Detailed work on the provision of state pensions in an independent Scotland is being carried out by the Scottish Government.
A group of economists has already examined pensions as part of its work into the issues the country would face if it left the UK. Scottish Government officials are now carrying out more detailed work on provision of the state pension, and are expected to publish their findings in due course.
It comes after a leaked cabinet discussion paper warned that the bill for providing both state and public sector pensions will rise because of the ageing population. The paper was published by Better Together, the cross-party group campaigning to keep Scotland in the United Kingdom.
"Demographic pressures will increase the demand for existing public services, particularly but not exclusively in health," it stated. "Spending on state pensions and public sector pensions is also driven by demographics and is set to rise."
Members of the working group, a sub-group of the Council of Economic Advisers, were expected to "consider the affordability of state pensions" as part of their work looking at the economic issues Scotland would face if it leaves the UK.
A Scottish Government spokeswoman said: "The Fiscal Commission working group have already considered pensions as part of their detailed report on a macroeconomic framework for an independent Scotland, published last month, which shows that demographic changes in Scotland are projected to be similar to those in the UK as a whole.
"Detailed analysis shows that state pensions in an independent Scotland will be more affordable than they are in the UK. The official figures on spending for the last year show that only 38% of Scottish tax revenues were spent on social protection, which includes the state pension, compared with 42% for the UK as a whole."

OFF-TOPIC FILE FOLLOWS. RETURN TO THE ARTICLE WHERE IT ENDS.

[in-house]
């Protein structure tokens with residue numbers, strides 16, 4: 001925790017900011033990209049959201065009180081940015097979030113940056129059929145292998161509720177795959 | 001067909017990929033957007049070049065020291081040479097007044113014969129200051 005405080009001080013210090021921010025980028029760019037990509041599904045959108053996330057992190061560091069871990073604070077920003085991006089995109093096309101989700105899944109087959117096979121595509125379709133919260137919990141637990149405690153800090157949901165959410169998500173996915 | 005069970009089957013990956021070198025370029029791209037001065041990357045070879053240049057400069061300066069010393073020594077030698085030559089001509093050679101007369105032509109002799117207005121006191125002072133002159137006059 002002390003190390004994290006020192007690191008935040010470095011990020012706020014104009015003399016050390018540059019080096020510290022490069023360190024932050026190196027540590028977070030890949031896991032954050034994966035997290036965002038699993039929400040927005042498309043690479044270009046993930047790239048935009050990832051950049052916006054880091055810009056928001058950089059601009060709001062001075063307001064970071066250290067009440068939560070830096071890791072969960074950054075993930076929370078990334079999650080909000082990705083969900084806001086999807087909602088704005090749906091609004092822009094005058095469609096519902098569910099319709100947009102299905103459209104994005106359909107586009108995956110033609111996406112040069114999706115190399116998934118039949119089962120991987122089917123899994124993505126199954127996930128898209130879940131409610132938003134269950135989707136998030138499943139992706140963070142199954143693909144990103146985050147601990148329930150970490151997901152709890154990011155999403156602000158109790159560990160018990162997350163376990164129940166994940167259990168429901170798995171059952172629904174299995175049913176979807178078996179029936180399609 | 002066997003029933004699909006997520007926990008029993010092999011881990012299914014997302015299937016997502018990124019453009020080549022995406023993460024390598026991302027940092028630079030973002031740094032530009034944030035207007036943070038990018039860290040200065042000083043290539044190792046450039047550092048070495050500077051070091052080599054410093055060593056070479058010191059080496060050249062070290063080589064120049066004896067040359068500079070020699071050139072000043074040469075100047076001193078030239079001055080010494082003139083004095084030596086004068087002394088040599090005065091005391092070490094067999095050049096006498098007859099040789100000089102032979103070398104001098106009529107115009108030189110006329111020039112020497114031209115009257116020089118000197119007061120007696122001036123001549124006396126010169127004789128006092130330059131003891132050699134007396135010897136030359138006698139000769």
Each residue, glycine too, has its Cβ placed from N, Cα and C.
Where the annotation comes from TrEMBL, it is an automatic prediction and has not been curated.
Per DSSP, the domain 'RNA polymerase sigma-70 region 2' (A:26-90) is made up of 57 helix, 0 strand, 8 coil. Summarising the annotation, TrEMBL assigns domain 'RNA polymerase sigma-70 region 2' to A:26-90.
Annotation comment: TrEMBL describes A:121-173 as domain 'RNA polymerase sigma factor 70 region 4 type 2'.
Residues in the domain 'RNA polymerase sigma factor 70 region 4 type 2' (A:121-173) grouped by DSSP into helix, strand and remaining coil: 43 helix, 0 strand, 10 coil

The discussion paper was prepared last year, and the spokeswoman said: "Since the discussion paper was considered by the cabinet, detailed work on pensions has moved on. The Deputy First Minister has since taken responsibility for the constitution and, as such, Scottish Government officials and experts will report to her on work they are doing covering welfare and pensions in an independent Scotland. We look forward to publishing proposals on these subjects in due course."
The leaked paper highlights the volatility of oil revenues, saying the UK Government reduced the amount the North Sea is forecast to raise over the period 2011-12 to 2015-16 from £61.3 billion to £44.1 billion.
"Given the relative importance of North Sea revenues to Scotland's public finances, these downward revisions have resulted in a deterioration in the outlook for Scotland's public finances," it stated. In an independent Scotland "this would have important implications for budget setting". The paper also claimed that "meeting interest payments on inherited debt will be a significant feature of Scotland's budget after independence".